Hospitals urge use of free COVID-19 testing sites; reserve ER visits for urgent medical issues

With the surge of COVID-19 cases, many people are arriving at hospital emergency departments for testing. But unless you have severe symptoms, Lexington area doctors say that the ER is not the place to go for community testing.

Emergency departments are open as always for those experiencing severe symptoms or with urgent medical issues. But some people arrive with no or mild symptoms asking for a COVID-19 test. Everyone who arrives seeking treatment will be examined but waits might be longer due to crowding. Then, if symptoms are severe enough, a patient might be admitted.

“The concern here is that those who visit the ER just for a COVID-19 test with no symptoms will crowd out other people who need urgent hospital care,” said Mark Spanier, MD, ER physician at Baptist Health Lexington.

“Our ERs must be available for people who need emergency care,” said Dan Goulson, MD, chief medical officer for CHI Saint Joseph Health.

There are many free COVID-19 testing centers located across the state. For a list of testing sites near you go to

Urgent care centers also offer COVID-19 testing with an appointment. They can also be a great option when you’re in need of convenient medical services. Urgent care centers are staffed with physicians and nurse practitioners and provide a full range of medical services for people of all ages.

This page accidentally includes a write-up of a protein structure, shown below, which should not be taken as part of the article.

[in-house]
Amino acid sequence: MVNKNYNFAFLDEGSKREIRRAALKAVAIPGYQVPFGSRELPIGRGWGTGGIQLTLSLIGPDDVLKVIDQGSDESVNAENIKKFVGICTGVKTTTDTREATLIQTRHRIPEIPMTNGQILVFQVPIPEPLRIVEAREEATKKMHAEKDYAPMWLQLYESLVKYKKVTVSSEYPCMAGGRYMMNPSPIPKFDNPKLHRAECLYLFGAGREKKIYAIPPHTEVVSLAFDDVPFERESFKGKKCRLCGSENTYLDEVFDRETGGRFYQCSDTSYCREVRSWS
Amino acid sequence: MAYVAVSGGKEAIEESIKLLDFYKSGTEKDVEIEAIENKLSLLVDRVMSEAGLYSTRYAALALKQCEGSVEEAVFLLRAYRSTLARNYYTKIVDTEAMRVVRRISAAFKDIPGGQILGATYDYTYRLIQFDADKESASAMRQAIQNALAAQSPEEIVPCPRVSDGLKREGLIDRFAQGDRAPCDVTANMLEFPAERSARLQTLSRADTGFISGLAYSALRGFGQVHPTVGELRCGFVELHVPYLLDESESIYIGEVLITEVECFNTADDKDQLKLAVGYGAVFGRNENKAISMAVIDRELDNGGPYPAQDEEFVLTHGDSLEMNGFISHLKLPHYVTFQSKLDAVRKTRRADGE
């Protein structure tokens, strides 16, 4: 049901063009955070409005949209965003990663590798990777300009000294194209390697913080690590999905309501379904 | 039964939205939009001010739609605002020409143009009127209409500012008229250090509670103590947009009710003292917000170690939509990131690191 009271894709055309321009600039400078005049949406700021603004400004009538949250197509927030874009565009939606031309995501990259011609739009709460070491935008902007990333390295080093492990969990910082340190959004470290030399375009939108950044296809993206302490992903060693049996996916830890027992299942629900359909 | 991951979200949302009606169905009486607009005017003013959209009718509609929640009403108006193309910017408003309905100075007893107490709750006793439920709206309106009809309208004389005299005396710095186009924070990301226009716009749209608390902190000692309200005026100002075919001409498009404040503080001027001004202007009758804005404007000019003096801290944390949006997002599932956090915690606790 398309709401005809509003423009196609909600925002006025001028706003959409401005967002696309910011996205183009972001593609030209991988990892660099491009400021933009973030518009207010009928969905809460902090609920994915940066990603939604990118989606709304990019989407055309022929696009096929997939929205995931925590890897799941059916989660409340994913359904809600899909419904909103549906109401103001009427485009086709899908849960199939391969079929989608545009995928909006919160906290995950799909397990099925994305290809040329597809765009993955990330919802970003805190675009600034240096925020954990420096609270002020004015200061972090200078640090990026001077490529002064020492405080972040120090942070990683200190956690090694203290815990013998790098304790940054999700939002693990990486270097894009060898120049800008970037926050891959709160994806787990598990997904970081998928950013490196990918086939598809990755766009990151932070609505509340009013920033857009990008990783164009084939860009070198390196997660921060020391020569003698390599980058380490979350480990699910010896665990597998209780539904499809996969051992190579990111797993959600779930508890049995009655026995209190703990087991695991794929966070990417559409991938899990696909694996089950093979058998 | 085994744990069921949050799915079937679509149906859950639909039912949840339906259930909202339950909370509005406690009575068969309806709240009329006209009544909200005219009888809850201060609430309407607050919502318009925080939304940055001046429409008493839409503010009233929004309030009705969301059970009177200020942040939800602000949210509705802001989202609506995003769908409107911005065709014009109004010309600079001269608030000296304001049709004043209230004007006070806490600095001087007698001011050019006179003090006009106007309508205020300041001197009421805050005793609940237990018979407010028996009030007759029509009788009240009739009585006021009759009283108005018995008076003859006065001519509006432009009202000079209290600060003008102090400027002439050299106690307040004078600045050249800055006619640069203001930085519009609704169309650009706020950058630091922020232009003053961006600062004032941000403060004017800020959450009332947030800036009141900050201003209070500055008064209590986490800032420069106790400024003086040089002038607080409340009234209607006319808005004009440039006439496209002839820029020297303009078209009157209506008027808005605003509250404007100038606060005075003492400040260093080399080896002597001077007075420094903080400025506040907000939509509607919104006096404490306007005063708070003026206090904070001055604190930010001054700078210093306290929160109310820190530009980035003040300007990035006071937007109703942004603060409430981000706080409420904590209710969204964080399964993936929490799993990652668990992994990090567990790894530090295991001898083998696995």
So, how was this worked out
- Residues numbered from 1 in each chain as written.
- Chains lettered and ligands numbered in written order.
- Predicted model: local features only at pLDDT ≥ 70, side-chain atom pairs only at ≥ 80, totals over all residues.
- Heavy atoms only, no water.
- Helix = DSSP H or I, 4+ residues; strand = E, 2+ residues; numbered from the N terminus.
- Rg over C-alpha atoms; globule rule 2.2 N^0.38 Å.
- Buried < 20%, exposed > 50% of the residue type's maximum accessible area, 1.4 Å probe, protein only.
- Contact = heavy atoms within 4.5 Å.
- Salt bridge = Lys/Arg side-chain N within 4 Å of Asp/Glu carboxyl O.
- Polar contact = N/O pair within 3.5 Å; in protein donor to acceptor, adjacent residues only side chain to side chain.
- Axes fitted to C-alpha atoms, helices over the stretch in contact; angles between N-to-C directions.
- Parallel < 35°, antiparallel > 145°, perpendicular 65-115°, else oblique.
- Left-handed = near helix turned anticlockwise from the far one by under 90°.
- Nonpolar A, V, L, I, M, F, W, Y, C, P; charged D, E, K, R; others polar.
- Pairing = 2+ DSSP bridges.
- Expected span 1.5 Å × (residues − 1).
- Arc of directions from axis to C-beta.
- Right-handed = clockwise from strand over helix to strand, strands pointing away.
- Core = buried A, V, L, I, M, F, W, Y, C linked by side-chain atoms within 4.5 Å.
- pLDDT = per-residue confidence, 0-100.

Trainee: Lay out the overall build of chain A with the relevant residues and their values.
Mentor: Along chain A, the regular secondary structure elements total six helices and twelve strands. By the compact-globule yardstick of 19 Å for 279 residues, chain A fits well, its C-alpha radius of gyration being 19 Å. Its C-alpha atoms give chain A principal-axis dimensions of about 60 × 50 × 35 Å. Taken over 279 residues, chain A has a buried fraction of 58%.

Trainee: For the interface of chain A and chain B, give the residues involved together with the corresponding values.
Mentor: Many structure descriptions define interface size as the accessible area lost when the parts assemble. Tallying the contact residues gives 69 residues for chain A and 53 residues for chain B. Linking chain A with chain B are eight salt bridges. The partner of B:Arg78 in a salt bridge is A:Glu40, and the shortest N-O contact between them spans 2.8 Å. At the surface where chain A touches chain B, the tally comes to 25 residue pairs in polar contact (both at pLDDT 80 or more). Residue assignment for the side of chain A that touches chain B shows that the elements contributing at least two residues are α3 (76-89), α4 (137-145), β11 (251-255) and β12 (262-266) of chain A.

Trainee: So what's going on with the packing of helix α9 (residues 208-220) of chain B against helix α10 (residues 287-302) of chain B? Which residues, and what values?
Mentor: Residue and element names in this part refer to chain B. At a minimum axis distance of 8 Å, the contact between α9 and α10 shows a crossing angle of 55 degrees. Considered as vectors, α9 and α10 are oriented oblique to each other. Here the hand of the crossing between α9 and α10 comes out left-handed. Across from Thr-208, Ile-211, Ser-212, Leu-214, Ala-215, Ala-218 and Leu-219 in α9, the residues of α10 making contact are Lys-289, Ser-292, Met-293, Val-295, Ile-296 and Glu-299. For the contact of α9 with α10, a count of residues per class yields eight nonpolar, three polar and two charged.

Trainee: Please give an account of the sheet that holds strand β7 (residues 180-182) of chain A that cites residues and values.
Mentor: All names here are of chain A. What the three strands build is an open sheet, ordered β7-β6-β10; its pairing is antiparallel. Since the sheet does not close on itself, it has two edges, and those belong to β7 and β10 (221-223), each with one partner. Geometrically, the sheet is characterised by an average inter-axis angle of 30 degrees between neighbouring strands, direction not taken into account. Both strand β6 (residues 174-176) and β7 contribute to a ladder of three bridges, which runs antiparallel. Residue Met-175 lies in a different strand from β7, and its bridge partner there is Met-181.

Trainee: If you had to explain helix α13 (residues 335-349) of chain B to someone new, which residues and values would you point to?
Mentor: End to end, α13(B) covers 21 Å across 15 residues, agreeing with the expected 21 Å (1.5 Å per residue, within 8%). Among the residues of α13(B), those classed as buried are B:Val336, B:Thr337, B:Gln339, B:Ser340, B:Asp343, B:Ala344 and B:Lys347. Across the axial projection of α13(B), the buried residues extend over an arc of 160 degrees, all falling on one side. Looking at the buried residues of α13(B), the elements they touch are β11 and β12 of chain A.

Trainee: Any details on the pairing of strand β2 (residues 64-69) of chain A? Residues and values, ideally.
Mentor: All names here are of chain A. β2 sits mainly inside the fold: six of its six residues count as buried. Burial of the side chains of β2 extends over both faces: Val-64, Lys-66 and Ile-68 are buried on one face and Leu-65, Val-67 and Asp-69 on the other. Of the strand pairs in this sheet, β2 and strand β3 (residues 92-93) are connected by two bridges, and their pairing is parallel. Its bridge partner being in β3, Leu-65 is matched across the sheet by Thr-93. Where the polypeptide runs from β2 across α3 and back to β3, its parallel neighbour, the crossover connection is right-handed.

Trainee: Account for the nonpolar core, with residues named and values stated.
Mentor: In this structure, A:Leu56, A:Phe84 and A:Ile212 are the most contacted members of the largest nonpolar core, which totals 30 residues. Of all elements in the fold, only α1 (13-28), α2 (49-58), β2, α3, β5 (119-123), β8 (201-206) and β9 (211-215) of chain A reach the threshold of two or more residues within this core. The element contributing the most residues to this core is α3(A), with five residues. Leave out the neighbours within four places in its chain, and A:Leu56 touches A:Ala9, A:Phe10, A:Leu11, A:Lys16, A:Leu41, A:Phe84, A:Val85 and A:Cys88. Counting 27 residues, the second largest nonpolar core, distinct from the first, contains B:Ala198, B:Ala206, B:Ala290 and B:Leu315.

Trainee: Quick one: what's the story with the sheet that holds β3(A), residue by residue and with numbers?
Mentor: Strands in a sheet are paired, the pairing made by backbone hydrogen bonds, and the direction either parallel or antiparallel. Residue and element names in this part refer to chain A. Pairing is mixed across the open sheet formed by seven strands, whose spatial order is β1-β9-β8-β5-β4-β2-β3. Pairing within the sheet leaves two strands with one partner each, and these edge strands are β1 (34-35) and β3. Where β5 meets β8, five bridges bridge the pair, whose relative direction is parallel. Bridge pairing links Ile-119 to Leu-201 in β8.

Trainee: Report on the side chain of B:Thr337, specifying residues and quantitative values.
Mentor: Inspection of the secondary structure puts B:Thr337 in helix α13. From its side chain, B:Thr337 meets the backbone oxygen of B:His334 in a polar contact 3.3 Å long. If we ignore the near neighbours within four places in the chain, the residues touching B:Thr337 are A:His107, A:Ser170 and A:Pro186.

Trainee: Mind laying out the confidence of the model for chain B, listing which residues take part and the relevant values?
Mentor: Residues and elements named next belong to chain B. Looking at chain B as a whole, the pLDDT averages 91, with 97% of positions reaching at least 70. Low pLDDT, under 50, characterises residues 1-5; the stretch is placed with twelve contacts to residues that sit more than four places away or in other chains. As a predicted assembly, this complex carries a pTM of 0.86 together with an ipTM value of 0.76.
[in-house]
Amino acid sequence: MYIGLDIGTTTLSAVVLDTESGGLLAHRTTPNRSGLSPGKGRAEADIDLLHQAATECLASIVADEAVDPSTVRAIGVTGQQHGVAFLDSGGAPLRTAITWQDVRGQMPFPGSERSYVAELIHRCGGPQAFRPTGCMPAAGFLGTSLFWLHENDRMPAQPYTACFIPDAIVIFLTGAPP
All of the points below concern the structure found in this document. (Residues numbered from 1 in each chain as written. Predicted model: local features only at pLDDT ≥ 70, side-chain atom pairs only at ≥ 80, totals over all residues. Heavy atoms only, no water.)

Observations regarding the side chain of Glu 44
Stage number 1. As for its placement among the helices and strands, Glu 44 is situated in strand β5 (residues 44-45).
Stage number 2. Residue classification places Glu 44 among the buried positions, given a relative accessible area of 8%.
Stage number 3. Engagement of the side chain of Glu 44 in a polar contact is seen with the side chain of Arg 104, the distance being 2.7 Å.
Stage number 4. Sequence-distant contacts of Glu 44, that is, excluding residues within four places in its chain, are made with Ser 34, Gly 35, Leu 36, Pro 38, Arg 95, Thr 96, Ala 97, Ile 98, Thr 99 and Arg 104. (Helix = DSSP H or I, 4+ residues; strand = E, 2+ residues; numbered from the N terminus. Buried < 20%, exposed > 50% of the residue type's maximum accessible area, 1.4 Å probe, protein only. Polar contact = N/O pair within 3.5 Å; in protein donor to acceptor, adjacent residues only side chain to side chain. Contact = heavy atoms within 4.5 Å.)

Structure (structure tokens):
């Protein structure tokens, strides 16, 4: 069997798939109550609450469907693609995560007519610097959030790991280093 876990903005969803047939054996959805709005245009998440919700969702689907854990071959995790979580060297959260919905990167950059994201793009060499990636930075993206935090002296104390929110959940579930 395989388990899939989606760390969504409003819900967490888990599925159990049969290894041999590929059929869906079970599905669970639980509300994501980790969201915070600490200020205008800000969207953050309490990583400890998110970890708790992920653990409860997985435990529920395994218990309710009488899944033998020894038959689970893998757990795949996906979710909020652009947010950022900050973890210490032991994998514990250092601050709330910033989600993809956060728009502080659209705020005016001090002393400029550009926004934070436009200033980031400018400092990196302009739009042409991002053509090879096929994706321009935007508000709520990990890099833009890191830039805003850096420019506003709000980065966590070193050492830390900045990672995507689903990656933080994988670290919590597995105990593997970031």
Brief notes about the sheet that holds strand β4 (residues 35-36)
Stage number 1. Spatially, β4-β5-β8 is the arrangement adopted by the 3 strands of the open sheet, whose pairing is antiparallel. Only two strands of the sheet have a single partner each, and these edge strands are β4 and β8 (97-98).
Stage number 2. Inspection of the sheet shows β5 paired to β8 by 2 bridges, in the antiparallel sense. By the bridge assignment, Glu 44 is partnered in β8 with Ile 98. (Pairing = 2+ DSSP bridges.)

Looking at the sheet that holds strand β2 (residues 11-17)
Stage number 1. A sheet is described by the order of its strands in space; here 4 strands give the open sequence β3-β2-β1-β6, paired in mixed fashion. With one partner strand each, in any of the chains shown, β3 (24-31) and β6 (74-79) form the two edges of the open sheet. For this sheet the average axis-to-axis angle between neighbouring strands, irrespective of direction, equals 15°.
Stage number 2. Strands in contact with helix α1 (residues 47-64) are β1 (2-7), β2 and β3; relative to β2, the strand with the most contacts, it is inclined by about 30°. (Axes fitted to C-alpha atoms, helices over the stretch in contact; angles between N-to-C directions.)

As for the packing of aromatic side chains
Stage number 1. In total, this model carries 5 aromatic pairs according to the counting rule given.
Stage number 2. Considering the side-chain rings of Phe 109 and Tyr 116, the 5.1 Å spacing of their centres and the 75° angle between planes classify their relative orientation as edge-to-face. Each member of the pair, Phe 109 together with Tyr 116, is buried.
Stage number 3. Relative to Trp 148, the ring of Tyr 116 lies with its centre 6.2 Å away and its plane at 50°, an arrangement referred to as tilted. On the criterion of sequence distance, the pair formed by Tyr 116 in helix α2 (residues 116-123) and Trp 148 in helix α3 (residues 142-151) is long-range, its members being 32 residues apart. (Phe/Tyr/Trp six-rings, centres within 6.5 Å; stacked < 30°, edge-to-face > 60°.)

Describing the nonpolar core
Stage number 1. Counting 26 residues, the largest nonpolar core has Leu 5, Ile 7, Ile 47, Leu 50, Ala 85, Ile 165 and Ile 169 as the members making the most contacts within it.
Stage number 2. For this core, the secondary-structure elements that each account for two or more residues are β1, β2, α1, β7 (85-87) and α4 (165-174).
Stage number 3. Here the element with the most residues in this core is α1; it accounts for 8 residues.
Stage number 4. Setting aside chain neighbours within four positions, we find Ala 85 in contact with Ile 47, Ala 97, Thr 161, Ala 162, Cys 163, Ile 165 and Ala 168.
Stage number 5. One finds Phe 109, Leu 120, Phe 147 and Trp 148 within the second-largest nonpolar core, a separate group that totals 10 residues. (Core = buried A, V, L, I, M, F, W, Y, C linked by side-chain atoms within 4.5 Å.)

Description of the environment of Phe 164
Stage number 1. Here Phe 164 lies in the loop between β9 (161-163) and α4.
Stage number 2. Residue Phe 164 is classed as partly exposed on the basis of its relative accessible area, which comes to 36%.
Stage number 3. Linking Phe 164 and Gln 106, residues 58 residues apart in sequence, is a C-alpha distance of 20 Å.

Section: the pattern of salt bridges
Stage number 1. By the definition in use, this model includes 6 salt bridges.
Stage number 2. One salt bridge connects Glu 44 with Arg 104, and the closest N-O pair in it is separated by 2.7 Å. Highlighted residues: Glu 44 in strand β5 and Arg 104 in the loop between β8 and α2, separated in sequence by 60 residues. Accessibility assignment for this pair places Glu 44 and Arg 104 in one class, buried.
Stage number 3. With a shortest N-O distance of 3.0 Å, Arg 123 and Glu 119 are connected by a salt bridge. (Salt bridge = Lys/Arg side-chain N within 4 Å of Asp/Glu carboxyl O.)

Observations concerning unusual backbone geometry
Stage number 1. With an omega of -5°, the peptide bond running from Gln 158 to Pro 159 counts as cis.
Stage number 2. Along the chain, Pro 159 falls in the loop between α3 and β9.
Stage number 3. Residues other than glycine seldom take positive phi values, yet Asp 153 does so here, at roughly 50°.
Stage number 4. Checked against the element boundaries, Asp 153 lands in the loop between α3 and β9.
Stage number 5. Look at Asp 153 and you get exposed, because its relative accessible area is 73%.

Virtual care is a fast, easy way to see a physician without leaving your home. A video visit provides convenient access to urgent care for patients, whether at home, in the office or while away from home. Urgent care video visits are available seven days a week, 24 hours a day on your smartphone, tablet, or computer.

Of course, there are times where in-person visits to an emergency department are necessary, such as a broken bone or any life-threatening symptoms, not just those of COVID-19.

Symptoms that may indicate a life-threatening emergency include:

• Difficulty breathing, shortness of breath
• Chest or upper abdominal pain or pressure
• Fainting, sudden dizziness or weakness
• Changes in vision
• Confusion or changes in mental status
• Any sudden or severe pain
• Uncontrolled bleeding
• Severe or persistent vomiting or diarrhea
• Coughing or vomiting blood
• Difficulty speaking

Winter is always a busy time of year for emergency departments due to the rise of colds and flu. Lexington hospitals are committed to providing the best of care through our emergency rooms and ask for patience from the public if waiting times are a little longer through the next couple of months.